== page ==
Pig AIDS may have claimed Youves, but Crocus are simply unstoppable as Jon Davies found out.
As part of Brickface Press’ fourth zine launch the audience expected Nuneaton’s Youves to rip up Liverpool’s secluded art space with their brand of spastic dance-punk.
Unfortunately the band had contracted swine flu a couple of days prior their arrival, so instead were swiftly substituted by the Crocus from Falmouth.
The line up could not be any more different in terms of noise, but is slowly becoming the norm for the Liverpool art-rock scene as the night opened up with Picasshole, a one man band with background loops and samples.
Starting very coyly, the room slowly filled with sounds of shakers, clanking furniture and watery effects before forming the songs, simple yet affecting, Picasshole is definitely one for fans of Sigur Ros‘ more intimate moments. Unfortunately the set was marred slightly by sound problems that seemed to have worked with the subdued cacophony of the loops until the guitar began to cut out, but Picasshole is one to look out for, having impressed the audience regardless of technical glitches.
Next were local folk collective Fine Modern Gentleman, who possessed a few good numbers with chilled out vocal harmonies, however were mostly unremarkable. In a line up where all other performances had something fresh, FMG could only muster a sound that had been heard hundreds of times before from the 1960s Joni Mitchell folk all the way up to acts like James Morrison.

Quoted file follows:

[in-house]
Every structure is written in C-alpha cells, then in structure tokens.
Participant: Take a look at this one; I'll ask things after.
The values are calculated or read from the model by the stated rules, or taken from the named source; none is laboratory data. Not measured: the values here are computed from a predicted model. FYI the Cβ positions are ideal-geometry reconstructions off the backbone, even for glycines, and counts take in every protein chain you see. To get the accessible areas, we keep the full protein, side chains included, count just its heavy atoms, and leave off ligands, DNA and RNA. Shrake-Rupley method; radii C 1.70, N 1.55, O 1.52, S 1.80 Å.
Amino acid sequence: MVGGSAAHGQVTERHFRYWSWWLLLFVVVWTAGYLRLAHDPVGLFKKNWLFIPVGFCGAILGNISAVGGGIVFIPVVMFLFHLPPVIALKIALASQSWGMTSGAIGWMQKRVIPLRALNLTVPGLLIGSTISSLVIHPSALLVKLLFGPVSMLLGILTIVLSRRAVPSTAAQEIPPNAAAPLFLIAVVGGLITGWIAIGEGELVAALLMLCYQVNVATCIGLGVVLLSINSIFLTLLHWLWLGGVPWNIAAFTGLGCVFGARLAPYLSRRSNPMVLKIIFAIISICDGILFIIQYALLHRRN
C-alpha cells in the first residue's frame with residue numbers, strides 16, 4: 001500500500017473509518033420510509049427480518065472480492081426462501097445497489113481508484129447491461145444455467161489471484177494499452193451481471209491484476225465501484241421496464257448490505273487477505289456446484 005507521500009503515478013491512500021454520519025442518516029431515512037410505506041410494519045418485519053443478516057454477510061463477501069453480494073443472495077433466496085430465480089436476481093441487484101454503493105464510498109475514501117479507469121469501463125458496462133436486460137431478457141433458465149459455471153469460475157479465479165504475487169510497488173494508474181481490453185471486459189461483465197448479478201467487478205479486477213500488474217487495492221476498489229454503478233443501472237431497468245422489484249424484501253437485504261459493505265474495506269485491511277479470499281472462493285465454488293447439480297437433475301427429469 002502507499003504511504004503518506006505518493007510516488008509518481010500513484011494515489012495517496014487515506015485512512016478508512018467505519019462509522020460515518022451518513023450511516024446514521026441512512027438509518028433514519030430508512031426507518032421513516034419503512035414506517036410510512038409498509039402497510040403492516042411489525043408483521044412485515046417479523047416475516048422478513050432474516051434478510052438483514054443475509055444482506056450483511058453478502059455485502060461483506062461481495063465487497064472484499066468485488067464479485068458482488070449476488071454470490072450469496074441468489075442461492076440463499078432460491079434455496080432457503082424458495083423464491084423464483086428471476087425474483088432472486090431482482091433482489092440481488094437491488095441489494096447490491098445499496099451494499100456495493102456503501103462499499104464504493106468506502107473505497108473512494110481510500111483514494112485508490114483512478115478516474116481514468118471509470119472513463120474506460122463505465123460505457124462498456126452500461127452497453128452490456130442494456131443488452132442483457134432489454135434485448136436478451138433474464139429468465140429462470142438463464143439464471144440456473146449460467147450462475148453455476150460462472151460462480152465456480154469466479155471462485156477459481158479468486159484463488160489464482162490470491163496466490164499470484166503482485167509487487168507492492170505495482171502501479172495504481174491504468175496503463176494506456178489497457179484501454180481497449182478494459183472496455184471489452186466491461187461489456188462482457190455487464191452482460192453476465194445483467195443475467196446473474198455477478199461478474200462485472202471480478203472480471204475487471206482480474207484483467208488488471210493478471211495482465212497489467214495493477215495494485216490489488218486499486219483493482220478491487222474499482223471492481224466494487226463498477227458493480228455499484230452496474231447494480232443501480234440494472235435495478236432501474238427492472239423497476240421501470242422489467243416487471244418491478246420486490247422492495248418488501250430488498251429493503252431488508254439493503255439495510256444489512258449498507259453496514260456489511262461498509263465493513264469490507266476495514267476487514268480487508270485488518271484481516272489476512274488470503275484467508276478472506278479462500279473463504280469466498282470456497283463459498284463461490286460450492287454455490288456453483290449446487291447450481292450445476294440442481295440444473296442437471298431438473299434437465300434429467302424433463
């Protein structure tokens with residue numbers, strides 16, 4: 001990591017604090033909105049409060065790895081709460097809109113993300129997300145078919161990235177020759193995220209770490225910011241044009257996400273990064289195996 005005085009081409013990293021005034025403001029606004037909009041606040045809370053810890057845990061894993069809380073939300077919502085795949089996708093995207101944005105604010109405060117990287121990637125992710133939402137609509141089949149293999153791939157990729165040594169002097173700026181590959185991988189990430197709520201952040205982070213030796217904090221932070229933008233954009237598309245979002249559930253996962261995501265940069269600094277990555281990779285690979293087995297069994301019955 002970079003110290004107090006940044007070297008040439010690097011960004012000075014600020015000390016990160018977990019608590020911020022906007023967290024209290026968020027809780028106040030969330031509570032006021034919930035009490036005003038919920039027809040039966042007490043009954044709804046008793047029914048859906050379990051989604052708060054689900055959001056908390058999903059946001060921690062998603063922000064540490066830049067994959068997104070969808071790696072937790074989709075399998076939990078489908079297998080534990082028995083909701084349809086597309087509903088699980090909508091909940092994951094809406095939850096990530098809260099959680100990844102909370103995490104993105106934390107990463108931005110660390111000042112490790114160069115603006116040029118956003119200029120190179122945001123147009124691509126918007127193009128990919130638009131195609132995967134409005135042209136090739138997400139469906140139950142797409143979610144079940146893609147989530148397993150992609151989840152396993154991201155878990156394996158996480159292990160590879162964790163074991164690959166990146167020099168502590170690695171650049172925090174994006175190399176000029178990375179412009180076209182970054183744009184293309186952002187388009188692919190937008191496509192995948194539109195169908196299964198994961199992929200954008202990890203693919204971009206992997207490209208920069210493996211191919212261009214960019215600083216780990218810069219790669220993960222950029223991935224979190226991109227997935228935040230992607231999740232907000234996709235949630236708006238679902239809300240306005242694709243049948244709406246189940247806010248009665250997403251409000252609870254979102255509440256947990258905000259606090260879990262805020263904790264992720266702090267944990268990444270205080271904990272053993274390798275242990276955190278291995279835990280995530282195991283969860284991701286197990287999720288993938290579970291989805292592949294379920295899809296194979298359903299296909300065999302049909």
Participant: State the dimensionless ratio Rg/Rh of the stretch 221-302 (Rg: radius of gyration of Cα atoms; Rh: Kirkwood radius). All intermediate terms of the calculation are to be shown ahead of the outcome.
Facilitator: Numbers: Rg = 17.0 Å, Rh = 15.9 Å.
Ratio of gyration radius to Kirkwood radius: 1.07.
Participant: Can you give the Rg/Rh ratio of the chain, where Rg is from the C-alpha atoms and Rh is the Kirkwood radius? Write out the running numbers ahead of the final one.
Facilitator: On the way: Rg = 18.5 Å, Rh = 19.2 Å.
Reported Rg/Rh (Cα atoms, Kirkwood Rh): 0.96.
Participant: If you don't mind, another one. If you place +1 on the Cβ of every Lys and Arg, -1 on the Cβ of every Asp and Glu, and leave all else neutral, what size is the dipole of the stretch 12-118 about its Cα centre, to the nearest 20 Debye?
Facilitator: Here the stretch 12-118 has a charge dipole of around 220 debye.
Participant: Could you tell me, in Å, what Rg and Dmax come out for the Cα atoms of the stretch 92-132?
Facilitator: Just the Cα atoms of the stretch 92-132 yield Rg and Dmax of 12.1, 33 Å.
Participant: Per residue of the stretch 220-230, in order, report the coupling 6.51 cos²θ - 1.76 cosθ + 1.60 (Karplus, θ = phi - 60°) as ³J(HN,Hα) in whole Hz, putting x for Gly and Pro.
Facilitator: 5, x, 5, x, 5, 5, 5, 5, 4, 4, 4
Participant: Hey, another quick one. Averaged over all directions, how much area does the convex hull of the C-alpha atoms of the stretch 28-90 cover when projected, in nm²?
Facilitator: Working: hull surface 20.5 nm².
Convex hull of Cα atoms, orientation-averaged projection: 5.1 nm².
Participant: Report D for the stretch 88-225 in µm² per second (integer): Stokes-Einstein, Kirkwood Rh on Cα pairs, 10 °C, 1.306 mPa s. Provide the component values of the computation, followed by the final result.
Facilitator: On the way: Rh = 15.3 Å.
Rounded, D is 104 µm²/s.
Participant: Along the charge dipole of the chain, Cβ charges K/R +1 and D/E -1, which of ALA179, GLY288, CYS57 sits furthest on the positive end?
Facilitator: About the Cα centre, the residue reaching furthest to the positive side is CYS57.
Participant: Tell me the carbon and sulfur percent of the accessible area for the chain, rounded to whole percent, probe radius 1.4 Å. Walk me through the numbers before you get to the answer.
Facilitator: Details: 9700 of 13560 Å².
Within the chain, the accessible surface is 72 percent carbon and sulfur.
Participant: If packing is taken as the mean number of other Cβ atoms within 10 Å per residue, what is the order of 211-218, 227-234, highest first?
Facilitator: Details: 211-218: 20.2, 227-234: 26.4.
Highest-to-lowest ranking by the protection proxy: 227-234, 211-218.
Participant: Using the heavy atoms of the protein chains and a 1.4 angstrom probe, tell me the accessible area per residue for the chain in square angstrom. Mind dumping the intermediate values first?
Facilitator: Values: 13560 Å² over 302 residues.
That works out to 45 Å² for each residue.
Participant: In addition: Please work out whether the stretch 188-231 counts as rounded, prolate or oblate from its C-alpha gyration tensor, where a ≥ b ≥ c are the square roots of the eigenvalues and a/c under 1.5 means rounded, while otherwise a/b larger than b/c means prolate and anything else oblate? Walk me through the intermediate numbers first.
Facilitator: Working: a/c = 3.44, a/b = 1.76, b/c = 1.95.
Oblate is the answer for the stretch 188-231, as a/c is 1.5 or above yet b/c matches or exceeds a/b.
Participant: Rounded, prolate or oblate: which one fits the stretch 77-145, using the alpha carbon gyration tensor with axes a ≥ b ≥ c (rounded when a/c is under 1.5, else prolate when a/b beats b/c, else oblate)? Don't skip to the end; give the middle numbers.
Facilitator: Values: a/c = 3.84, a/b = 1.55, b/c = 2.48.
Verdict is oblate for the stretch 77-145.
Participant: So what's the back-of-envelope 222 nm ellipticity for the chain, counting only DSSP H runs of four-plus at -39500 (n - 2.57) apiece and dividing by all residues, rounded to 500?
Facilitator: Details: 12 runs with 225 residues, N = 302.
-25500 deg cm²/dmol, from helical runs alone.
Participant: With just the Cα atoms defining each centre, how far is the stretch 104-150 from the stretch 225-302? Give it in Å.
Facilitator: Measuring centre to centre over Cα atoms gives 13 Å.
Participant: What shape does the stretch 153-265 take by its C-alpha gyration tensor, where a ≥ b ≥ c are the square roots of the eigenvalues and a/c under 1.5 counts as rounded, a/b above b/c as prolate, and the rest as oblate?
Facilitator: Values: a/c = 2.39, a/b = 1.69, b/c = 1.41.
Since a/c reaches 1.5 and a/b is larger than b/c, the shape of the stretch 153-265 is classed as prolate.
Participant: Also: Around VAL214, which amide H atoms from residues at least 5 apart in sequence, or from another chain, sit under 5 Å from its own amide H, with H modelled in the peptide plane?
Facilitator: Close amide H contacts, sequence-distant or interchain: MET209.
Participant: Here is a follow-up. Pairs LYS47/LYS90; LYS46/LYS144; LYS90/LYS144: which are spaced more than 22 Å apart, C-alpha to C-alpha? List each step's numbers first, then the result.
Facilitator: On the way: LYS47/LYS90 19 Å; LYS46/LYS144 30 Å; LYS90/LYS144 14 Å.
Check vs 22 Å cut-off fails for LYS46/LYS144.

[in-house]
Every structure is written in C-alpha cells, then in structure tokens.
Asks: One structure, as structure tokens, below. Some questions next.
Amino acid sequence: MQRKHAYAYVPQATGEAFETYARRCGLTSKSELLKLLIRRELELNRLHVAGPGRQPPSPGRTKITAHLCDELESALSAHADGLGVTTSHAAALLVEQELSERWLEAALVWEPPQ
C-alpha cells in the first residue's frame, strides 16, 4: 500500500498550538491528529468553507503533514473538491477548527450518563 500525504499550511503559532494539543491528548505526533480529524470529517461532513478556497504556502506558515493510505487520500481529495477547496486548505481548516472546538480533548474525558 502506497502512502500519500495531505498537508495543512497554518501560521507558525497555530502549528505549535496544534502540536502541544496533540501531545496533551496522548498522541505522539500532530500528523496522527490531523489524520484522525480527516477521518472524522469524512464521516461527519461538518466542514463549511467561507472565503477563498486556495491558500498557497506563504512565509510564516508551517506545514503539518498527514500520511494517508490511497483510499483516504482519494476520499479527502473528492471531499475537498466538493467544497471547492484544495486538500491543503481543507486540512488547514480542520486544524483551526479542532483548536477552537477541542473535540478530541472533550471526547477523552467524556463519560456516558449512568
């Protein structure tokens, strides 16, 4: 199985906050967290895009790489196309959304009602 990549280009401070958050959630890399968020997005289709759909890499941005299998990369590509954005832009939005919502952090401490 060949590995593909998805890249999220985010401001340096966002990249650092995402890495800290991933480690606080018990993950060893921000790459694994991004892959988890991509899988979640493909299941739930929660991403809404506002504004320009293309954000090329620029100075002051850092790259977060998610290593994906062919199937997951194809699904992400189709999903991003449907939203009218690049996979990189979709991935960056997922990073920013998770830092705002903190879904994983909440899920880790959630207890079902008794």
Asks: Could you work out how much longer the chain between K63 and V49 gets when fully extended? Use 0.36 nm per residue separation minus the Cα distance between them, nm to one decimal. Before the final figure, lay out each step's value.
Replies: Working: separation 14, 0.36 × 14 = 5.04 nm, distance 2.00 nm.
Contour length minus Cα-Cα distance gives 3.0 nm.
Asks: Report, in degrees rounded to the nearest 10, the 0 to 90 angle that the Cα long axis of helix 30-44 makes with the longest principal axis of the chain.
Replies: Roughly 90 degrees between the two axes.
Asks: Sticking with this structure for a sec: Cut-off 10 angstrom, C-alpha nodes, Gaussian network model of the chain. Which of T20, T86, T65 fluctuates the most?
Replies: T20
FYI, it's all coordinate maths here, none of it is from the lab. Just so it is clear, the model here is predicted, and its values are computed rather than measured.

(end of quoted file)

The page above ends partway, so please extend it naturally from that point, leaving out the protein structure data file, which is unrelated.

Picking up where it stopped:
The stage presence of band leader Joel Murray did not endear to the crowd either, at one point forgetting the lyrics to one of the songs.
Brickface house band We Came Out Like Tigers go from strength to strength with every set they play. Their style of hardcore is not necessarily heavy to what the average listener would suspect, but when they pull off their brittle sound with such enthusiasm, you can’t help but find the band fascinating live.
The live sound has become tighter, the band more together, the vocals of Olly Smith and Simon Barr complementing each other seamlessly and the interplay between guitar, bass and drums more controlled, WCOLT are a band to stick with as they seek to find their own niche in the hardcore scene.
Within the first few seconds the audience knew they were seeing a band who were going to play out of their skins from beginning to end. Part of the ever exciting We Heart Records roster, Crocus were brutal, but not in a boneheaded way. Instrumental patterns shifted rapidly between time signatures, from jazz grooves to blast beats as the band hurtled maniacally hardly stopping for breath.
Towards the end of their set Crocus slowed the pace down slightly, but not letting up on the intensity of riffs or the caged violence of their frontman.
Yes, Crocus is a screamo band, but probably one of the loudest most energetic bands seen in Liverpool so far this year that one would easily forget they’re lumped in with other floppy fringed MTV rock acts.
Liverpool is hardly known to be the hub of rock other than the occasional wave of 1960s throwback bands.
One can only hope bands as heavy, complex and confrontational as Crocus tour again and show our local scene how much more exciting music is elsewhere in the UK.